What does Ken Cuccinelli’s narrow loss in the Virginia governor’s race tell us about the future of the GOP?

First, the GOP’s conventional wisdom was wrong. The narrow margin shows, despite being outspent by margins of at least 2-1 (and more in the final weeks), Cuccinelli came within 2 and one-half points of beating Terry McAuliffe. This race was eminently winnable.

Cuccinelli lost, in part, because the GOP elites’ conventional wisdom killed his chances. They dubbed him as too “controversial,” “divisive,” and “strident” on the social issues to win in a purple state like Virginia. The Democrats were all in, while the RNC, the RGA, and the U.S. Chamber of Commerce—to name three big players who helped propel Bob McDonnell to victory in 2009—stood on the sidelines. The consultant prejudices of the “high rollers” became a self-fulfilling prophecy for Cuccinelli.

The Chamber of Commerce contributed $973,000 to McDonnell in 2009—and nothing to Cuccinelli. The RGA increased its contribution, but unlike the DGA (which gave directly to the McAuliffe campaign), the RGA ran its own ads early and left Cuccinelli without resources to run TV ads on Obamacare in the final and most crucial days of the campaign.

But the most indefensible decision was that of the Republican National Committee, which spent $6 million less in Virginia this year than it did in 2009. Worse, of the $6 million it allocated to candidates in 2013, it split the money equally between Virginia (a key battleground state) and New Jersey (where Christie faced no serious opposition).

The RNC has some serious explaining to do, and to date has not offered much of excuse.

Secondly, the GOP must come up with a more effective response to the “war on women” attacks than silence, retreat, and soft-focus ads. The Democrats devoted 16 percent of their $30 million ad budget to ads mentioning abortion, even more if other “anti-woman” memes are added to the equation. Cuccinelli spent virtually nothing defining his own prolife views, or attacking McAuliffe’s abortion extremism.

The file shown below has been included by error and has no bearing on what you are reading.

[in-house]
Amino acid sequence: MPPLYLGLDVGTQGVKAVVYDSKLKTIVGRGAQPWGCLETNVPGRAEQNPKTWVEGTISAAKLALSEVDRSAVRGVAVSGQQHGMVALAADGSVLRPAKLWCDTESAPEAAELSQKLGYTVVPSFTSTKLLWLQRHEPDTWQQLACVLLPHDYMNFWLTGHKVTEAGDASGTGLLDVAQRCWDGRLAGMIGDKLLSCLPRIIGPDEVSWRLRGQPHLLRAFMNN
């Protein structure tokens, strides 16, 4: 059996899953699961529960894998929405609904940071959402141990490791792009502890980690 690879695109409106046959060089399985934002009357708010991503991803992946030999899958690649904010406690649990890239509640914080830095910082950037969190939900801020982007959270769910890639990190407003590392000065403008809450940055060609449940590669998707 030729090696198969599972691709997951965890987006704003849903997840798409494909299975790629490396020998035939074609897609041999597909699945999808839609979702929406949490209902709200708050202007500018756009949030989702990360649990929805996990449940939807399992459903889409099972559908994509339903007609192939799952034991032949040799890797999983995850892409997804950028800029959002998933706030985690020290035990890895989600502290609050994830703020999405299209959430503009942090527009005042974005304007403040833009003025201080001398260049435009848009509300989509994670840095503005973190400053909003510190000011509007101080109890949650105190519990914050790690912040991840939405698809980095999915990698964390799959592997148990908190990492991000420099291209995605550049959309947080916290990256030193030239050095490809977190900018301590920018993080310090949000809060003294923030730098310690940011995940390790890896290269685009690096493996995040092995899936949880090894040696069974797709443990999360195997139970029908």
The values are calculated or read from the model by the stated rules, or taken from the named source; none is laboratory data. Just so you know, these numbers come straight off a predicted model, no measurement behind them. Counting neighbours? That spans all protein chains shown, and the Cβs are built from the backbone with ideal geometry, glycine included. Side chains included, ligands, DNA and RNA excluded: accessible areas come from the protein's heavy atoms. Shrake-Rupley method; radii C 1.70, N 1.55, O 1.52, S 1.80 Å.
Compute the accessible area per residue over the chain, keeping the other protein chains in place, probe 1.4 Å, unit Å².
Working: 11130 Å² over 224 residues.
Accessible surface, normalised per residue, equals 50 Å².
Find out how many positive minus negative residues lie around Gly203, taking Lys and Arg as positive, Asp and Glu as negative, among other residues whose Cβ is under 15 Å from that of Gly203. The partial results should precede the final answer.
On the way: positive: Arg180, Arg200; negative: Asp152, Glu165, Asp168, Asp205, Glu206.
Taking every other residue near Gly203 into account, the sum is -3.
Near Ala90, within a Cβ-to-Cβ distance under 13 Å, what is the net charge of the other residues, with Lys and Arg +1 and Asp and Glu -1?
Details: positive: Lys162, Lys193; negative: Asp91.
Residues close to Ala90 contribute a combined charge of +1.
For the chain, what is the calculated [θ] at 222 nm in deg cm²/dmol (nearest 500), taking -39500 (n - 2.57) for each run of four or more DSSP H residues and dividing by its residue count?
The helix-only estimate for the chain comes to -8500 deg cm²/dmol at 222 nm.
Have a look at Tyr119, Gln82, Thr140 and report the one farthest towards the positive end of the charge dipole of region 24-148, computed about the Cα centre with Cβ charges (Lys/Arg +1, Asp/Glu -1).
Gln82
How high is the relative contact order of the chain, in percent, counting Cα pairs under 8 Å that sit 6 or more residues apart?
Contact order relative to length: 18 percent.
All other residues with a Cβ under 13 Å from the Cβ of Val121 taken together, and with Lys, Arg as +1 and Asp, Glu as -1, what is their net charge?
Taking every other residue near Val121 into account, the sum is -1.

“Social issues” (read: abortion and gay marriage) are the only issues that the consulting and donor class have adopted, with the intensity of a faith tenet that the best strategy when attacked is simply not to respond. McAuliffe spent over $5 million attacking Cuccinelli as an anti-woman abortion extremist. Either those attacks had no effect or there is an effect that needs to be countered with ads.

There are only two logical conclusions to be drawn: One, McAuliffe was an idiot to waste $5 million on those ads. OrCuccinelli’s campaign idiotically refused to invest resources in rebutting their argument, especially pivoting and attacking the Democrats’ abortion extremism.The latter is much more likely.

What would such an ad look like? The possibilities are endless, but what about something like this: “I’m Ken Cuccinelli. Terry McAuliffe is lying about me to cover up his extreme record on abortion. I care about the women and children of Virginia and that’s why, unlike my opponent, I want to make sure all medical facilities including abortion clinics are regulated and inspected, so a Gosnell horror story doesn’t occur in our state. People of good will disagree on abortion—but, unlike McAuliffe’s pro-abortion extremism, Virginians can come together around reasonable abortion regulations, waiting periods, no taxpayer funding, parental notification and preventing baby girls from being killed simply because they are girls. Don’t let McAuliffe bring his extreme liberal Hollywood values home to Virginia.”

But the biggest point the GOP needs to learn from the Cuccinelli campaign is that his standard pro-forma GOP economic message of preventing future tax increases and being for jobs did not work. His campaign only took off once he began to tap into the present economic suffering of voters, brought on by Obamacare. As we wrote in our new report “Building a Winning GOP Coalition: The Lessons of 2012,” the biggest problem with scapegoating the social issues is that it keeps Republicans from focusing on our most urgent concern: building an economic message that positions us as the champions of the middle class, not the business class.

The conventional GOP consultant’s wisdom continues to fail the American people and lose elections. It’s time for the GOP to adopt a new strategy that will connect with voters on the economy and social issues, and help us win in 2014.

Francis P. Cannon is president of American Principles in Action.

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